“This changing of roles was generally welcomed because many people had been doing the same jobs for years. It represented some possibility for growth and promotion.”

From the start in June 2013, the warehouse manager had a good idea of who were weak performers and troublemakers in the staff. Particularly with KPIs being applied, it was possible to start pushing those non-performers out. Many of them were dismissed for misdemeanors.

In one case the warehouse manager contravened a rule and issued himself with a written warning – pointing out that the rules apply to everyone.

Eventually, the total distribution workforce fell to 26 people, after which some additional, carefully-picked people were recruited.

There was no resistance from the rest of the workforce to these dismissals and job flexibility exercises, even though the workforce is unionised.

“To consolidate the multi-tasking of the employees, I needed to make their titles more general. Titles like pickers and binners were abolished – they are now either general workers (staff) or warehouse specialists (supervisors), though these names are currently being reviewed.

“We kept measuring everything and the workforce began to comprehend why this was being done.”


“In November 2015, the issue arose that despite all that had been done, ‘how do we get these people to give a damn, to care about coming to work, to realise their impact on the facility?’

“I was a participant in the Care and Growth Leadership programme (which had recently been introduced in the overall company) and had been relaying what I had been learning about care and growth leadership to the supervisors. We were now a close-knit team handling R4-R5million (about $350,000) worth of stock per day, with tough KPIs. However none of the supervisors or staff had undergone any direct care and growth training.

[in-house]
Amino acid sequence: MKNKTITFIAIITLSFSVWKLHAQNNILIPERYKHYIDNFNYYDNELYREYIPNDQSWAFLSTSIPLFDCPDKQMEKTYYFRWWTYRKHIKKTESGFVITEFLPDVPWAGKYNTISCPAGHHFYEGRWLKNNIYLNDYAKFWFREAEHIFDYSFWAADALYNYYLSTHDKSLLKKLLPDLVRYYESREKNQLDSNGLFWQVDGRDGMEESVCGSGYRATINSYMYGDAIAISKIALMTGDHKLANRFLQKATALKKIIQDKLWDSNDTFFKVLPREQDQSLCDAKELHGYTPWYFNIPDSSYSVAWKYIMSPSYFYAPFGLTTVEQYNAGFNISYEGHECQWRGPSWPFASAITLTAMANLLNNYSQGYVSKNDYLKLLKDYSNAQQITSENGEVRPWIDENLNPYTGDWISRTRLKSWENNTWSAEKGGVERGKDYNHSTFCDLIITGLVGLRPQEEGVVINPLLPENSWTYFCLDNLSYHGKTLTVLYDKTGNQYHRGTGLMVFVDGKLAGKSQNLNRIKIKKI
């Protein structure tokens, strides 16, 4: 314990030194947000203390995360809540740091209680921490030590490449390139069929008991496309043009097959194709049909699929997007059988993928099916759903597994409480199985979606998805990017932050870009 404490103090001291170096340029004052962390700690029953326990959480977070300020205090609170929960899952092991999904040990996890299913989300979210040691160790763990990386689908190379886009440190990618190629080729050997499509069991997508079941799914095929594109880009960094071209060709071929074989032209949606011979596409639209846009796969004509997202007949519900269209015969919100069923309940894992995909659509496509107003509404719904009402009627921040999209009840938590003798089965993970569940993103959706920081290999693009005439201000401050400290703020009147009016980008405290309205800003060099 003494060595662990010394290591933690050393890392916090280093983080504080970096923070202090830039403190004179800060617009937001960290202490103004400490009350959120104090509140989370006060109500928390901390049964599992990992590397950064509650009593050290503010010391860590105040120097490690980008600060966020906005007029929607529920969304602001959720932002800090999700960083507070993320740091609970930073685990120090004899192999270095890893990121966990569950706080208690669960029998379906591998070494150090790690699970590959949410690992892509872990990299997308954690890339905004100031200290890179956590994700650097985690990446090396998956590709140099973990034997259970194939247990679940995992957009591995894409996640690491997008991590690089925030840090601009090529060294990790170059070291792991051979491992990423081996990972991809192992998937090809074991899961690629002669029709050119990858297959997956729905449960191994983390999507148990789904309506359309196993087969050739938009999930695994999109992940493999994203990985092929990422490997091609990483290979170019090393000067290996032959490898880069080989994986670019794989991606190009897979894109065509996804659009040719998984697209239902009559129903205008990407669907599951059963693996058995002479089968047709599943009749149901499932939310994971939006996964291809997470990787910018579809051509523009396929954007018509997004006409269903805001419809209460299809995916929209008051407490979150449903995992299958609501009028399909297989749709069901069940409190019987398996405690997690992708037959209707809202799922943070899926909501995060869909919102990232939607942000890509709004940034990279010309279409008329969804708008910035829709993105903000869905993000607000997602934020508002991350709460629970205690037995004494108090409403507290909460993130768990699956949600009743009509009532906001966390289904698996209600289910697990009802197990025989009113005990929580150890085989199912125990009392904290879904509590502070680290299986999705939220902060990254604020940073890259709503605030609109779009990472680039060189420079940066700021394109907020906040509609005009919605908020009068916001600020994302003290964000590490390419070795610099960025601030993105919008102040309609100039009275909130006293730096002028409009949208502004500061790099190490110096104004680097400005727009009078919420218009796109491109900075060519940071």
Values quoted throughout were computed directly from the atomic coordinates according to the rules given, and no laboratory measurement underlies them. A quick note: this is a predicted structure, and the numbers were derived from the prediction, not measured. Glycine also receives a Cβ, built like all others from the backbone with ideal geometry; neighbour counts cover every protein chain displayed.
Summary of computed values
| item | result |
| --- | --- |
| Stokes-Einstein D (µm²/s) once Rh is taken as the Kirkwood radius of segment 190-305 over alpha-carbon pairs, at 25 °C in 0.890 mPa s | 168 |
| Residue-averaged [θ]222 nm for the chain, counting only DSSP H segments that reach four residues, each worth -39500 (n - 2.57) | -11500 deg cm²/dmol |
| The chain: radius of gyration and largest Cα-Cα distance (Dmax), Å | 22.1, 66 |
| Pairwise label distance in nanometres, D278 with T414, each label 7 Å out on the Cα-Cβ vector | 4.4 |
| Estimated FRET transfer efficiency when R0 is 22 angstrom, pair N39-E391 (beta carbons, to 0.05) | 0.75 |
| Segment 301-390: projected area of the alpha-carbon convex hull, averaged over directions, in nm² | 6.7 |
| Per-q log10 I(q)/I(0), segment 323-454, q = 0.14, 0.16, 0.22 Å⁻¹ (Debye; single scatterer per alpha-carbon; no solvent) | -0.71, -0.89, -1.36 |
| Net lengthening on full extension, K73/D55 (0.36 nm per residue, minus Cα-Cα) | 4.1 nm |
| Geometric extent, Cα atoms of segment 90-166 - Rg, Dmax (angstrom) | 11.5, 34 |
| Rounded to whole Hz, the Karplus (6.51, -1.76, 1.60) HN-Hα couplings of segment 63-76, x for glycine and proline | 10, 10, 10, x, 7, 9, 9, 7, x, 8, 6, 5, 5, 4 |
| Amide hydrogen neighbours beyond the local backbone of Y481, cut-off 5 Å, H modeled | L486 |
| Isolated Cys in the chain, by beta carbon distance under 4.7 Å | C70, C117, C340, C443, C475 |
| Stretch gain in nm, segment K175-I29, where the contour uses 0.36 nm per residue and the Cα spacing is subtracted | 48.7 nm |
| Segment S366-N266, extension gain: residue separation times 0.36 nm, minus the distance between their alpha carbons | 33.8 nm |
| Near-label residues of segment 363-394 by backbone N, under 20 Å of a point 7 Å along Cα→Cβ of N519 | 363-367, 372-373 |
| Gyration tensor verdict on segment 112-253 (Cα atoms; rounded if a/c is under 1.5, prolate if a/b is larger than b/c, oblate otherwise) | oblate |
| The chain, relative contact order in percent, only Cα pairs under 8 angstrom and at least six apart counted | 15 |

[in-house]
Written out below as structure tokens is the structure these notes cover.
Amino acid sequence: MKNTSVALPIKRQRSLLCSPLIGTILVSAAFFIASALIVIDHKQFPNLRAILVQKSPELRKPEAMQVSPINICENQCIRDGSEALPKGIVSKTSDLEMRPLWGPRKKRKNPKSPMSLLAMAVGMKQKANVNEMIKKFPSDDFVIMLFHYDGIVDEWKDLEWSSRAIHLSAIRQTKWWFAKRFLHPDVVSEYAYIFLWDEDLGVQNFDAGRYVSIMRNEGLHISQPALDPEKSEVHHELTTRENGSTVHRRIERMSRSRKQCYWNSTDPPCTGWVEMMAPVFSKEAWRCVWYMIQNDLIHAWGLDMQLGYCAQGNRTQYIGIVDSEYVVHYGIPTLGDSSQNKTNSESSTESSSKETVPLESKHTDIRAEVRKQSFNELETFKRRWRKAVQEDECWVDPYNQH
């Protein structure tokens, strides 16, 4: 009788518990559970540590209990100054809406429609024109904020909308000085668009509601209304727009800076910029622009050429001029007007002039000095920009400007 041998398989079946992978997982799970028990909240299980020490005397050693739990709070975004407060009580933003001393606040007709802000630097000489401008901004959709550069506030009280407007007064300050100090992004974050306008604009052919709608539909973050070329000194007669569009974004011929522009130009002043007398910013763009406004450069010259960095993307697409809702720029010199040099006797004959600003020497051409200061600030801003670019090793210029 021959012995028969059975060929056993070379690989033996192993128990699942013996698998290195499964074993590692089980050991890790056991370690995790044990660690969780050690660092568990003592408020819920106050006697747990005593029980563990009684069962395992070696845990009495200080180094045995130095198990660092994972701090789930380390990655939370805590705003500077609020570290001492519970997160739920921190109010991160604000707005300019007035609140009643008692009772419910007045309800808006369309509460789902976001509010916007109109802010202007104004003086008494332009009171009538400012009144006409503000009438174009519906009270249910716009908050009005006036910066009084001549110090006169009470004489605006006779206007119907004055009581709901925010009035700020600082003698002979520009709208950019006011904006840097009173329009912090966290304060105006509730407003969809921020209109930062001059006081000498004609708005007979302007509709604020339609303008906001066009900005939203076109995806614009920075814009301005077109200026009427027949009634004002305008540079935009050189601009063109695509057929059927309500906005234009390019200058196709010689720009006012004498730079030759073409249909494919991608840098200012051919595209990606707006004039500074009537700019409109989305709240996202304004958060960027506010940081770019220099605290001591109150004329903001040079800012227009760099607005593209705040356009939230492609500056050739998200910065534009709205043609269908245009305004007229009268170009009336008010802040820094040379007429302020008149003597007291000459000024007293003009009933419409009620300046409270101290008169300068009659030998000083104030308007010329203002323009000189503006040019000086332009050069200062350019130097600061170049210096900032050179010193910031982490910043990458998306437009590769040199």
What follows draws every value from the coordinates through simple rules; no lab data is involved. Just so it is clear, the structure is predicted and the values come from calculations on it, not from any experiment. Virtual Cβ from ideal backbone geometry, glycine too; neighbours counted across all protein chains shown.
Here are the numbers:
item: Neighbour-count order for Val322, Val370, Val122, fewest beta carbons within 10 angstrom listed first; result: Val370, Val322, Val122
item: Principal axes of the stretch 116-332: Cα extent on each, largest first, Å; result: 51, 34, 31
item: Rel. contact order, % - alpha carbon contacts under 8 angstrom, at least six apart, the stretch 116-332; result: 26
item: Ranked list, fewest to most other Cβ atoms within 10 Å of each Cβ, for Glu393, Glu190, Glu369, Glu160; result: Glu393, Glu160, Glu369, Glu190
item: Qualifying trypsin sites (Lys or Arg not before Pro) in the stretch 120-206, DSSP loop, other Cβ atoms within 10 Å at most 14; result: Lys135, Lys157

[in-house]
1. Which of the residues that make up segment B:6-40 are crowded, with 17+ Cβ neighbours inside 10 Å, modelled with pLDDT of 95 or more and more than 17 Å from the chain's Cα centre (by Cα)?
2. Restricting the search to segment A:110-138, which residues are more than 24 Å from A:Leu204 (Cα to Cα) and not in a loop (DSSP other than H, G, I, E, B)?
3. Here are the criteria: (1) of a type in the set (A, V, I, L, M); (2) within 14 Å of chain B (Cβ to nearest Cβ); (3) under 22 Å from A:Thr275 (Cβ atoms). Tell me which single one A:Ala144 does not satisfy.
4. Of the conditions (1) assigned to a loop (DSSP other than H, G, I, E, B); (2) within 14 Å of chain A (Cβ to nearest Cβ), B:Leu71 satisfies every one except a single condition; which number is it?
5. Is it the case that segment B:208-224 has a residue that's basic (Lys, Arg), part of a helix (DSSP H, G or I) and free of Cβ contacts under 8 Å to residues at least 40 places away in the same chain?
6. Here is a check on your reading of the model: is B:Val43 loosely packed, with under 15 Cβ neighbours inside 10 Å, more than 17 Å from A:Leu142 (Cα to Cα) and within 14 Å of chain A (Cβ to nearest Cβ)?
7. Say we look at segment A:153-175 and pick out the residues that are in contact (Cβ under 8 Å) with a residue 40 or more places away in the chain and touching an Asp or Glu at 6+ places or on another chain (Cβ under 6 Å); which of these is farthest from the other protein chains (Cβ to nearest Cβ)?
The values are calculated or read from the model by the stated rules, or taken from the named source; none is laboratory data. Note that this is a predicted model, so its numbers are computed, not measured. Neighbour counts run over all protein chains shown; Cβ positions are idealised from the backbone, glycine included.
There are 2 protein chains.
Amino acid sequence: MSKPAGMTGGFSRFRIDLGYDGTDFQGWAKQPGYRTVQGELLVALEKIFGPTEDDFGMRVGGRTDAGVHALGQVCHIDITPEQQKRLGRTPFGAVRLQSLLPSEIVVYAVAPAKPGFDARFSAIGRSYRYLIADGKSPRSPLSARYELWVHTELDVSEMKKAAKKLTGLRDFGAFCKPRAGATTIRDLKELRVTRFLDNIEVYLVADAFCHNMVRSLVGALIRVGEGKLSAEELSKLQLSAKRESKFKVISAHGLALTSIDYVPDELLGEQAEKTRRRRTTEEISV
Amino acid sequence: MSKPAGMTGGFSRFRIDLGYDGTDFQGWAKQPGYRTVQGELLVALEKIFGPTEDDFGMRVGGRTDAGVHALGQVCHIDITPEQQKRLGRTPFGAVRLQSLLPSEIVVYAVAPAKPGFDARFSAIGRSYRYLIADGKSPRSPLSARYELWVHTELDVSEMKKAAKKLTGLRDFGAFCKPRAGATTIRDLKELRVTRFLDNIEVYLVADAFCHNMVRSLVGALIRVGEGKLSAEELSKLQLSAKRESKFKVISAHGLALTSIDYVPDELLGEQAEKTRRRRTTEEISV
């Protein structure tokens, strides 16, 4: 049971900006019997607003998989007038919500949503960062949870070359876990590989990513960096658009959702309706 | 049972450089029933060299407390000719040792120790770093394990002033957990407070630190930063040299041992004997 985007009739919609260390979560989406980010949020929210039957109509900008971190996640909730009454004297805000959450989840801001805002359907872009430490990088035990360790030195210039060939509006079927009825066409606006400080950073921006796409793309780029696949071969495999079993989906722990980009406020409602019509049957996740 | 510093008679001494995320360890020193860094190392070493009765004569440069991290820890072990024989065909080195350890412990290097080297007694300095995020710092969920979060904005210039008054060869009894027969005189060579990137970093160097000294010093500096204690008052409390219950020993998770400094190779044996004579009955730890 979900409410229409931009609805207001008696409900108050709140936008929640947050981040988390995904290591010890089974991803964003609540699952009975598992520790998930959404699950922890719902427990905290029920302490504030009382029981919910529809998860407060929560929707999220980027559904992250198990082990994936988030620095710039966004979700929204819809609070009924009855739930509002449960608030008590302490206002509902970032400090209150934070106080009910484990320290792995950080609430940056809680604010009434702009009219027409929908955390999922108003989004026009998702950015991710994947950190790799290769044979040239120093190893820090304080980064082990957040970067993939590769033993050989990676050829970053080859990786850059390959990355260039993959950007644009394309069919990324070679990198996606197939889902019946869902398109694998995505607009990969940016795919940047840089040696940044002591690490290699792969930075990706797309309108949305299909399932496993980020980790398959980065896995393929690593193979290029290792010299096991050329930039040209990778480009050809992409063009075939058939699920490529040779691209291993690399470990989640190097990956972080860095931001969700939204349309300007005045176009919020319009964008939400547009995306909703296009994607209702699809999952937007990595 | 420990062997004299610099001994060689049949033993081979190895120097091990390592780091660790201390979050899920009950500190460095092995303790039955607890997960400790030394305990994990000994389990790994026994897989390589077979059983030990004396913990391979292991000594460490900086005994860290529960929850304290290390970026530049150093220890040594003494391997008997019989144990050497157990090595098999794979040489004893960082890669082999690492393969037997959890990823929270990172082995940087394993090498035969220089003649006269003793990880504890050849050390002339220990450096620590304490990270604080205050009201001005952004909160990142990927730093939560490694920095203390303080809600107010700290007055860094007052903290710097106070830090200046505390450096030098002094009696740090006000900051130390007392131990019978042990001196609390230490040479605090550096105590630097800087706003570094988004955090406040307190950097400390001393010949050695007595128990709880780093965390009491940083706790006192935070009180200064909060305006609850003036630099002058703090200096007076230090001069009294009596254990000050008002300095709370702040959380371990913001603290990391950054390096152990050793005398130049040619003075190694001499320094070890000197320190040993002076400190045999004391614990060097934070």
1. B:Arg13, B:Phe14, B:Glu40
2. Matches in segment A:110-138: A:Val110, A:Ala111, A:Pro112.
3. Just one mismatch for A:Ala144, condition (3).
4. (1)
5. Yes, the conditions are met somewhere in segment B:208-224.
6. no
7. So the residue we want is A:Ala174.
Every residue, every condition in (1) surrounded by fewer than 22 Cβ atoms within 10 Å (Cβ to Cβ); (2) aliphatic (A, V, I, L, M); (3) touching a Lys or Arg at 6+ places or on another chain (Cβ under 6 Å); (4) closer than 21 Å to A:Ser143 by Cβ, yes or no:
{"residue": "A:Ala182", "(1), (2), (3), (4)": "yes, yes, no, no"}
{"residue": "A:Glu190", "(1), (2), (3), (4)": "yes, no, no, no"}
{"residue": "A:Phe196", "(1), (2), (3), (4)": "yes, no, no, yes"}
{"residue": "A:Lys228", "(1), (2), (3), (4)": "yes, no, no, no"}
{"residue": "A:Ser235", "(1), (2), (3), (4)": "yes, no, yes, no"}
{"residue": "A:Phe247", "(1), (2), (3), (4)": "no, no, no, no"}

“One supervisor kept on ‘getting out of his seat’ – in other words, going to do the task for his subordinates. No amount of remonstrating with him could break the habit. I literally stapled his pants to his seat so that he had to watch the game rather than play it. He now goes home at 4:30 PM, compared with 6:30 PM previously.

“But generally, the staff were still ‘in it for me’. That’s what prompted me and the supervisors to think about Grow to Care.

“It was resolved that we would do a sample, pilot half-day Grow to Care training with a few people from administration, supervisors, pickers and packers. The training was done by Nothemba Mxenge of Legitimate Leadership.

“The feedback was tremendously enthusiastic – for the whole process. One woman took the manual into the administration department and started teaching them. The enthusiasm even reached head office.

“It was then decided to roll out Grow to Care to everyone on site – 60 people (30 in the warehouse and 30 in administration), over three days in early 2016. The three groups were deliberately integrated between distribution and the warehouse so they could meet each other and appreciate their different roles.

“According to Nothemba, an almost unique feature was that the participants brought their own pens and didn’t ask for food!

“Since then there has been a notable change in attitude in the whole workforce. Attitude change is hard to measure but is unmistakable for any visitor to the warehouse.

“Grow to Care fundamentally isn’t about how we as the company can get more out of you. It is more, ‘this is for you, it is a gift to help you have a better life’. People’s response in terms of willingness and contribution has been a natural reaction to this.”

Since then, one of the supervisors has been recruited by another distribution operation within the group of companies, on the warehouse manager’s recommendation.

The warehouse manager has also split the facility between two senior supervisors:

A Stock Management/Perpetual Counts Senior Supervisor; and

A Receiving Picking Senior Supervisor.

Work is also being done on perfecting the counting system.

The warehouse manager says within six months, the new management will be independent of him except for measurement and accountability of the two senior supervisors.